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T-Shirts to Medical Trays: An Intro to IR Conveyor Dryers

(June 2013) posted on Tue Aug 06, 2013

The IR conveyor dryer has a home in applications beyond screen-printed garments.

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By Mark Vasilantone

By comparison, IR conveyor dryers are smaller and often less expensive because they do not require insulation, and they can be shorter in length because IR radiation reaches ink-curing temperatures more rapidly and efficiently than heated air, particularly when curing plastisol inks. However, if items are conveyed through an IR dryer too slowly, the ink can overheat and break down chemically.

A relatively large IR dryer can cure approximately 1000 screen-printed items/hr and can cure thousands more per hour by adding one or more heating chambers, in addition to lengthening the conveyor and increasing its belt speed.

In terms of size, an infrared electric dryer that measures 7-8 ft in length (Figure 1) can cure approximately 300 items/hr, compared to 10-12 ft for a gas dryer of equivalent capacity.

Removing moisture
A common misconception is that forced hot air is needed to evaporate moisture from water-based inks and to expel it from the dryer. In reality, it is infrared radiation that heats the ink and causes evaporation, which is then removed from the heating chamber by a high-velocity exhaust system with high efficiency—on par with the efficiency of an IR dryer curing plastisol inks.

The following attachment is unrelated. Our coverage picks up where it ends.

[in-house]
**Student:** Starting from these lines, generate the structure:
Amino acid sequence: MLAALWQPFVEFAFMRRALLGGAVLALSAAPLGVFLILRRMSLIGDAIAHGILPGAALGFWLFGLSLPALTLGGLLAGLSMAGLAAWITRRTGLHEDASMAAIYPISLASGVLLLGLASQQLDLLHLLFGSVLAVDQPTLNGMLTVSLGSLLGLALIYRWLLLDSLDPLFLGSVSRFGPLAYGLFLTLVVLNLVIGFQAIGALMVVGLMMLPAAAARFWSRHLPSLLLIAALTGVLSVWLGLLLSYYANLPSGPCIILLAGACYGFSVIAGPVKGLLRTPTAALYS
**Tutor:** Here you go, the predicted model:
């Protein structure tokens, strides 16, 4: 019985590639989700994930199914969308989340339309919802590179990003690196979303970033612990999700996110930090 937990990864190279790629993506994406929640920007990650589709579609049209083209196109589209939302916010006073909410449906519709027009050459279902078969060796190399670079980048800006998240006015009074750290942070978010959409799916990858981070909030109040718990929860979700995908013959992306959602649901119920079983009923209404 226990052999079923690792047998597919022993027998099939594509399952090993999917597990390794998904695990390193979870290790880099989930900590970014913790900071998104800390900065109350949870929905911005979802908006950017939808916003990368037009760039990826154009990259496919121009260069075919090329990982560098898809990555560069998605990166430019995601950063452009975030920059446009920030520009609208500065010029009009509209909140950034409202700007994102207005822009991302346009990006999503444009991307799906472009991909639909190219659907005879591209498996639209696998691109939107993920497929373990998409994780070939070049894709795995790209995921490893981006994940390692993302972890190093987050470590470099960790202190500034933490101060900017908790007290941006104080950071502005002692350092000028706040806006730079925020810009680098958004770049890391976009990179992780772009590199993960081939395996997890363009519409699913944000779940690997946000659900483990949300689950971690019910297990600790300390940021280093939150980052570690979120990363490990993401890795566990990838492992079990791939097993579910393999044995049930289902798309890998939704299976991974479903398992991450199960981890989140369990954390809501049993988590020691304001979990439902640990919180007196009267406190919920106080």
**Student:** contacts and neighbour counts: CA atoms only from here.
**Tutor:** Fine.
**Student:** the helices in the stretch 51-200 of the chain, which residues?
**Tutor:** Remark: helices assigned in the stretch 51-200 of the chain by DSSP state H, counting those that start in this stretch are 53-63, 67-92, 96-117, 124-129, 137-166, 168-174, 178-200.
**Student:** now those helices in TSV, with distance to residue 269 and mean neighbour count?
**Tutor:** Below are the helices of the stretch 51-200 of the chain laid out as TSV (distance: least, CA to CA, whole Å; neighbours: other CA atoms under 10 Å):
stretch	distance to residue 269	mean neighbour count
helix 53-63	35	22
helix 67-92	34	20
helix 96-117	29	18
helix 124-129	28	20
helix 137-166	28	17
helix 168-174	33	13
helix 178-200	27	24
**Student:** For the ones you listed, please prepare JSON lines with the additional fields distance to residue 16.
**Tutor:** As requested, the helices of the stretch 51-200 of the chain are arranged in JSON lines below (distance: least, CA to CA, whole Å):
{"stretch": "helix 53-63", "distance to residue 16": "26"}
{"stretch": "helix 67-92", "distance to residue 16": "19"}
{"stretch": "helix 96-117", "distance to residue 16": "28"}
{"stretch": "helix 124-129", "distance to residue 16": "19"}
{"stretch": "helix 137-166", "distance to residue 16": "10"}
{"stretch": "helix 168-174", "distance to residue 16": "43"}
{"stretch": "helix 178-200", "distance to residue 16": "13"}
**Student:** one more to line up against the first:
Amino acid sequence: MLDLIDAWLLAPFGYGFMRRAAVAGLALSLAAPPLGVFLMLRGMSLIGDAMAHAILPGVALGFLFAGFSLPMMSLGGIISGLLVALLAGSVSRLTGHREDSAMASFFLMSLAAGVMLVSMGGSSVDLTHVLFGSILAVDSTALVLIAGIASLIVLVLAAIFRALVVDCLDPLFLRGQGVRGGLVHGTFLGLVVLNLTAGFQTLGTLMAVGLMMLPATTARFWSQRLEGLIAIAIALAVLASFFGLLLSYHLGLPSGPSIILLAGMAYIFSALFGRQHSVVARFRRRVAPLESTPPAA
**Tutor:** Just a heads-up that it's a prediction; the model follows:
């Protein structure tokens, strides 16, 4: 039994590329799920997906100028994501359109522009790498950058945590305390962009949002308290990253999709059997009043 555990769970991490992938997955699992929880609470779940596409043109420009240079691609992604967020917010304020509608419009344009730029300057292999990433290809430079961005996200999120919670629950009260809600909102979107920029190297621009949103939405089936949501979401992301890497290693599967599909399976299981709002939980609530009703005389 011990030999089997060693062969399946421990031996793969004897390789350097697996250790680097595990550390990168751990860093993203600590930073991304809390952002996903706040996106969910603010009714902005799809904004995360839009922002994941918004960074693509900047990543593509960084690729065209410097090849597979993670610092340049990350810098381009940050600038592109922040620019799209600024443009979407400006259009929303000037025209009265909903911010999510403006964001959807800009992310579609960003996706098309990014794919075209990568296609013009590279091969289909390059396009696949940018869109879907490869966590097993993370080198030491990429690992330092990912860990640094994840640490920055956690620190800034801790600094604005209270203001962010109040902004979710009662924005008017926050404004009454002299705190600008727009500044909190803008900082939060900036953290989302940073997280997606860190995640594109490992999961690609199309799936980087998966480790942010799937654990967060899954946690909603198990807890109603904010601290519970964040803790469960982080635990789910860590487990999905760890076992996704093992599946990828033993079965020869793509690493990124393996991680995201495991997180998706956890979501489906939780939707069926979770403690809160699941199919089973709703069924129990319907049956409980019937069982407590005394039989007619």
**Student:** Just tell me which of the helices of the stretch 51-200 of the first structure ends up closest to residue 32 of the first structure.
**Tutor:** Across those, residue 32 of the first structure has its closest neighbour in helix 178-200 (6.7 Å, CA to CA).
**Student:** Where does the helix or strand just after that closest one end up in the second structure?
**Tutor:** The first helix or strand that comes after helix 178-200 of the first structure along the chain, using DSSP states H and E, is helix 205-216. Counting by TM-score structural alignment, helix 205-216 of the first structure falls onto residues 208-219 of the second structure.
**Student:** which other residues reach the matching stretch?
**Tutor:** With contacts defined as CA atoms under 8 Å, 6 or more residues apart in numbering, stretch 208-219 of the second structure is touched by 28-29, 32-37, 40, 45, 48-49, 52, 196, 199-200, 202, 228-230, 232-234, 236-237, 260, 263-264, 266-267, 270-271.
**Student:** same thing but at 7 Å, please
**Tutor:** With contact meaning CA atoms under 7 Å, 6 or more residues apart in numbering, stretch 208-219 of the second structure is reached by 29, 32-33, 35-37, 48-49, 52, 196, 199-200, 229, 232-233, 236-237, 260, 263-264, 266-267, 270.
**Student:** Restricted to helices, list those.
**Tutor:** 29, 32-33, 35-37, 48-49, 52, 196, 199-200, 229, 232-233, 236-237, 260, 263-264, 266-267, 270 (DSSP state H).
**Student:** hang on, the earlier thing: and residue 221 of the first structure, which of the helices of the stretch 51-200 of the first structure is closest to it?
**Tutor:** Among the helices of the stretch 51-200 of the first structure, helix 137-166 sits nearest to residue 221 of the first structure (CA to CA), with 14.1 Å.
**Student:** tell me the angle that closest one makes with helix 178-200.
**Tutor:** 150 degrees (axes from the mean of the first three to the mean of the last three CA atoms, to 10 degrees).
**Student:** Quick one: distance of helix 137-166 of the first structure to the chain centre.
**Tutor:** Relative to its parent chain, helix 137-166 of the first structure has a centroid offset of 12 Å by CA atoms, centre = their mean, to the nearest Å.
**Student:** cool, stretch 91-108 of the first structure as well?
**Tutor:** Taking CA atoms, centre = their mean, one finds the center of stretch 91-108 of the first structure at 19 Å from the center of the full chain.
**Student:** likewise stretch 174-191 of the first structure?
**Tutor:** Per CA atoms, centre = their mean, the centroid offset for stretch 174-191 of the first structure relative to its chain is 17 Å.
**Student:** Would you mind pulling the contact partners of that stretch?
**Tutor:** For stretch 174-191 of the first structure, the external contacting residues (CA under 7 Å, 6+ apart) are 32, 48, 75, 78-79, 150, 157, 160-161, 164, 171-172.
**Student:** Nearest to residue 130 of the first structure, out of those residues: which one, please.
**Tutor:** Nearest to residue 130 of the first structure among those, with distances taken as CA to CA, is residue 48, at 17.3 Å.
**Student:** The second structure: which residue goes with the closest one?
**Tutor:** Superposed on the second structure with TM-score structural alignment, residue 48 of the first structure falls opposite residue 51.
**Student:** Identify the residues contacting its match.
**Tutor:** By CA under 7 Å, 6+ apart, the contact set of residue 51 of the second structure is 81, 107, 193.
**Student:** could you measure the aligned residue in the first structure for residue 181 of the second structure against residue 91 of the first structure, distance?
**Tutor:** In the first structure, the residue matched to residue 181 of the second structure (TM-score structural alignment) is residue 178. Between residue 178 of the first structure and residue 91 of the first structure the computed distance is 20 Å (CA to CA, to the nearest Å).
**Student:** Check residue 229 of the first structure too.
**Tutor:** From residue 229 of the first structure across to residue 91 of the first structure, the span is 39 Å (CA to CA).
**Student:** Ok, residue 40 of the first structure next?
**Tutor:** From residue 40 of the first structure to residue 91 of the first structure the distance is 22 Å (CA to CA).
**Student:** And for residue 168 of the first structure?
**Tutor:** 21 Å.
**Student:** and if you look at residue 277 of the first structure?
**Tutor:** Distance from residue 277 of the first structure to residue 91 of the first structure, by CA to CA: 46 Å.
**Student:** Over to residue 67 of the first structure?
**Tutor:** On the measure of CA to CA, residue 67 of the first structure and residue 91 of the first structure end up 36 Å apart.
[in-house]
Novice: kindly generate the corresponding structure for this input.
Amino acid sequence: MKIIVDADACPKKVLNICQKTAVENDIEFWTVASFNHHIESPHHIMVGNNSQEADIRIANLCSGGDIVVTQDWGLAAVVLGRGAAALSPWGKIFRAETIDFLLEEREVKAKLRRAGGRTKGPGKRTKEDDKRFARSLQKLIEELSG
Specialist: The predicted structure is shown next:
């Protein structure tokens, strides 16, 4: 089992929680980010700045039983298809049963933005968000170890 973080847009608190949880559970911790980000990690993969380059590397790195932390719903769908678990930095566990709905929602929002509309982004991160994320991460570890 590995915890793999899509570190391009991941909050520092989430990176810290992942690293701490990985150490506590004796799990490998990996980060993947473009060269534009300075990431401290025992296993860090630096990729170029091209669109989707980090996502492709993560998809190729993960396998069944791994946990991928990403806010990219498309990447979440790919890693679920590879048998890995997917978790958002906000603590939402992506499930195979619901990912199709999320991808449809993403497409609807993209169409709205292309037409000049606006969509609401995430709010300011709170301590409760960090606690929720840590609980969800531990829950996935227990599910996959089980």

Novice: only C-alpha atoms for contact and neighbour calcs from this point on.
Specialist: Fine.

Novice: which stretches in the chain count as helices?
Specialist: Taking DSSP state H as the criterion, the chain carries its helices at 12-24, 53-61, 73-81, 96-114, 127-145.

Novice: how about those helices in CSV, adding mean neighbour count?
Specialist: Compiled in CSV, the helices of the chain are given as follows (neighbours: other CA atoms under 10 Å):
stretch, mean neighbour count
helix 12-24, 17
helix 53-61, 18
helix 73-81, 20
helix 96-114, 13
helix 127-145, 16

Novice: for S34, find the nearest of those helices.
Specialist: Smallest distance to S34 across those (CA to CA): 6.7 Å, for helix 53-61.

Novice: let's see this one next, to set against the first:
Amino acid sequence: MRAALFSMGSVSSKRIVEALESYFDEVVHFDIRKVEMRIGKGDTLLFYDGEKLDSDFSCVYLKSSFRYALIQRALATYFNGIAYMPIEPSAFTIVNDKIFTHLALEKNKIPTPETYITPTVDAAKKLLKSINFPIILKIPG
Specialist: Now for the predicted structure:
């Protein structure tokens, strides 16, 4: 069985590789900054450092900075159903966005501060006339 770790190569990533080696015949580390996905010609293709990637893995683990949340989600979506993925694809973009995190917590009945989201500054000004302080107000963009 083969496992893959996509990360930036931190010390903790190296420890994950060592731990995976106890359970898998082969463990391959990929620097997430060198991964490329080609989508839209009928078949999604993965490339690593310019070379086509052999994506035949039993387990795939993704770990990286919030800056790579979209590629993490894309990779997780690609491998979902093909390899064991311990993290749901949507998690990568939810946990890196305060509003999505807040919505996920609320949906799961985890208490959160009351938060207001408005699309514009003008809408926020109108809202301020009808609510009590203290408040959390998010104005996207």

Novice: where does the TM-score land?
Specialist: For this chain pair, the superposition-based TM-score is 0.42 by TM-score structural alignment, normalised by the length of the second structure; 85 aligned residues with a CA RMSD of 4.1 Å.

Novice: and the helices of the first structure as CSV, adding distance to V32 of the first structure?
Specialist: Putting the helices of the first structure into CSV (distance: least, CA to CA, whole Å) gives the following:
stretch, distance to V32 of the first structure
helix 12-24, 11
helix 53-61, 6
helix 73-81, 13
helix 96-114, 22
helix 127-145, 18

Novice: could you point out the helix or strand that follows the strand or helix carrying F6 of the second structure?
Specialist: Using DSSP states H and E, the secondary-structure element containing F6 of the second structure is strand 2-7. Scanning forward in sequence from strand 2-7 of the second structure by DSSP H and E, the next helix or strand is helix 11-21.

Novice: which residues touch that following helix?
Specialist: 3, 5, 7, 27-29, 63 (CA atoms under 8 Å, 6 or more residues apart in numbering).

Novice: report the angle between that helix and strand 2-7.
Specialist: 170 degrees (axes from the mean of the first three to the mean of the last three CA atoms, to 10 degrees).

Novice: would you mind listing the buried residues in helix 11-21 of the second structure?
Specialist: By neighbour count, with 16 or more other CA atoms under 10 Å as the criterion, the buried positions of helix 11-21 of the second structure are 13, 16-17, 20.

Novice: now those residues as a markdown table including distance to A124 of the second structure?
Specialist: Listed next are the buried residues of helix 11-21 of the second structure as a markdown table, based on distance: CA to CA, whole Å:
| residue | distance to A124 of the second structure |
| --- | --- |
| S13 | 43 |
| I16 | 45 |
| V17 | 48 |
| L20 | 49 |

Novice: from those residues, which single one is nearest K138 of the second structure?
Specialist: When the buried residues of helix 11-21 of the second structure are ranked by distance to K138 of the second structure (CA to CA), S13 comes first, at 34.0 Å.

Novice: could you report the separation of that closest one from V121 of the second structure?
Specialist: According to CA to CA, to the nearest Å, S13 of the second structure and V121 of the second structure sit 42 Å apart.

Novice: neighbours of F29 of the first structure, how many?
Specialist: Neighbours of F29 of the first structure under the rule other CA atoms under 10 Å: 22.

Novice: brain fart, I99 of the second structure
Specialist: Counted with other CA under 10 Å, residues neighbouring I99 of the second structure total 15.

For example, an IR conveyor-dryer that exhausts 400 cu ft/min of air from the drying chamber and supplies roughly 500 cfm of air warms, but does not superheat, the air to pull moisture from the ink and exhaust it, and it prevents outside air from entering through the dryer exit.

Compare quartz to IR panels
If your application calls for an IR electric dryer, you can maximize results by understanding different ways in which infrared radiation is generated.

Some dryers use quartz tubes, while others use infrared panels. Because quartz tubes radiate 360°, they require a reflector to direct energy radiated from the top portion of the tube, back toward the garment. Infrared panels are made of a ceramic quartz fabric and are flat, directing virtually all energy toward the garment, offering higher efficiency (less power usage) per unit of radiation.

Quartz tubes are also relatively fragile and typically have a shorter life, whereas infrared panels often are more durable and have a useful life of up to 20 years, making them less costly in the long run.


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